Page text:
Since its mainstage debut last decade, the concept of ‘big data’ – the large-scale collection and analysis of vast amounts of digital information – has changed the face of business, becoming a core pillar of the digital economy. However, it has also become a daunting and inaccessible term to the uninitiated, conjuring images of row-after-row of computer servers, teams of scientists and mathematicians, and complex spreadsheets and line graphs.
But as PwC Chief Data Scientist Matt Kuperholz explains, it needn’t be this way.
In a short video, Kuperholz lifts the lid on what ‘big data’ really means, bringing the topic back down to earth. As he explains, any business can begin to take advantage of big data’s many benefits, with the data itself becoming a new asset or currency that releases considerable value over time.
Kuperholz also explores how any company can be quickly refocused as a data-optimised operation without having to fork out for costly equipment or a complex restructure. Over time, this can result in a lean, analytics-focused organisation that is efficient, profitable and provides a new level of service to customers.
Don’t have time to watch the video? Check out his key statements below.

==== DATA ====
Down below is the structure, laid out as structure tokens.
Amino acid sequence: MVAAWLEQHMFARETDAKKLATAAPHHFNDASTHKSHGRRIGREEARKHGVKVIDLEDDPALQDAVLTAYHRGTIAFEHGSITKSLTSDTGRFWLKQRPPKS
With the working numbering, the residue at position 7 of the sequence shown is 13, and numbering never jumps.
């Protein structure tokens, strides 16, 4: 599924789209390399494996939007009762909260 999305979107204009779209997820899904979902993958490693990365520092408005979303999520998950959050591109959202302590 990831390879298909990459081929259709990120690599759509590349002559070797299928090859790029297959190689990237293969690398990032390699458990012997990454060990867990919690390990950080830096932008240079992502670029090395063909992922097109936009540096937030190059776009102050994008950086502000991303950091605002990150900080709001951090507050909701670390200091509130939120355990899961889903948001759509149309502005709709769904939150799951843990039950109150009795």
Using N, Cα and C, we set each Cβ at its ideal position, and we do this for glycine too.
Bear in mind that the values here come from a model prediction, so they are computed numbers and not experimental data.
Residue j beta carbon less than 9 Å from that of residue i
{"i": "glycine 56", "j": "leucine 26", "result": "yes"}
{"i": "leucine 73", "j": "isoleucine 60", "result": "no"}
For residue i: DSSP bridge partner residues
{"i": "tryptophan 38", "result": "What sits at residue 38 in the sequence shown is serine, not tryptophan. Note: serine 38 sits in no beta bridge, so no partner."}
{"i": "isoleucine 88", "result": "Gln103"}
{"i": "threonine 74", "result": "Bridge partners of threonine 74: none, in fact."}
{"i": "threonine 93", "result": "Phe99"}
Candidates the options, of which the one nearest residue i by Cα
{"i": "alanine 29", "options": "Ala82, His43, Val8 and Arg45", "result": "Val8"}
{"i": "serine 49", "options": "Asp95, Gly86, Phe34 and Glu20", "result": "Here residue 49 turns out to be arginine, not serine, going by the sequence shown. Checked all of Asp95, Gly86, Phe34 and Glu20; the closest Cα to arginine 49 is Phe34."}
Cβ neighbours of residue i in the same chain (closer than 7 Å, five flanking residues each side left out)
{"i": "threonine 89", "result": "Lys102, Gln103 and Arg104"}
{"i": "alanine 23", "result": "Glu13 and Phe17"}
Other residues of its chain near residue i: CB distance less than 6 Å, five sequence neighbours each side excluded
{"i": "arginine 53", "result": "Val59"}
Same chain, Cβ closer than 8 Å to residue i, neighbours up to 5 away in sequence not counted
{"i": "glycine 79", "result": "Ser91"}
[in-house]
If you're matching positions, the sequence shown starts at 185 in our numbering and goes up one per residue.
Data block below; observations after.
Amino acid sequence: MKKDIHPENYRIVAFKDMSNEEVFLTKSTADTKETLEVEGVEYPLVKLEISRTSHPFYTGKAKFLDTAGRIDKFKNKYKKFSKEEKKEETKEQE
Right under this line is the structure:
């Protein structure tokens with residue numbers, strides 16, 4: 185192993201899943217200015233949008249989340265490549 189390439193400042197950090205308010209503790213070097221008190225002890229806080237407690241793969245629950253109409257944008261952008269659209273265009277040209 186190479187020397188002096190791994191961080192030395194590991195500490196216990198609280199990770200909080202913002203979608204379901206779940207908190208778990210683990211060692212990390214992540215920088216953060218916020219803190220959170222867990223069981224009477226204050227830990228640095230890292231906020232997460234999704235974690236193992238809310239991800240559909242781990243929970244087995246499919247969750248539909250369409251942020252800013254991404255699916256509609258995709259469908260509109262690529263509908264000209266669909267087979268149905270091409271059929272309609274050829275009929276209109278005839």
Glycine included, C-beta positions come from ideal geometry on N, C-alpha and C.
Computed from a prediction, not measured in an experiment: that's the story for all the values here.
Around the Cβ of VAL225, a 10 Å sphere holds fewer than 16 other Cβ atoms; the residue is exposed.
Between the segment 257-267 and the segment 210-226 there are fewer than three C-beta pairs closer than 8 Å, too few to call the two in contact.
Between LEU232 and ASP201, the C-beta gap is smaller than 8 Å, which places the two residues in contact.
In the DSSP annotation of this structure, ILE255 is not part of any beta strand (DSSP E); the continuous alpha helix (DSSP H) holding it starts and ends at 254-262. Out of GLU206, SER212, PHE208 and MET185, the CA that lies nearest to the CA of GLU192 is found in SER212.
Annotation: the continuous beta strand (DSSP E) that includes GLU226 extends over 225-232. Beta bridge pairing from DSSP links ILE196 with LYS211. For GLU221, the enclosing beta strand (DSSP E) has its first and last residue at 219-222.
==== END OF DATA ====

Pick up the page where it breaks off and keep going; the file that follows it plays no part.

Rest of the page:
Why is the term ‘big data’ misleading?
“I think data has always been increasing in its volume, variety, and velocity, and that we’ve been on that curve for some time. However, almost all industries are realising the better use of data can help them do better business.”
How can big data deployment result in a ‘win-win’ scenario for businesses and customers?
“With data and analytics, we can get that mythical ‘win-win’ where you’ve got happier customers and more efficient and profitable companies. Or you’ve got safer and more content employees at the same time as running a business more efficiently. So the knowledge economy is that which seeks to get that ‘win-win’ through analysis of data.”
What is the true value of a company’s data?
“Unlike traditional asset classes, the value of your data relates to the actionable insights you derive from it with analytics. And the same data can be worth more by applying more analytics to it and solving more problems. What happens when you bring this data together? When you federate it and suddenly the whole is greater than the sum of its parts?”
How can businesses leverage their data to solve problems and create value?
“Businesses today need to look at their challenges not as data or analytical problems, but as business problems. They then need to ask: what data do I have and how can this help bring insight? The final step is to get in there and start doing it. No overhauling your systems or building a whole new data warehouse for data mining. Just take the data, spin up an analytics workbench, and get to creating value.”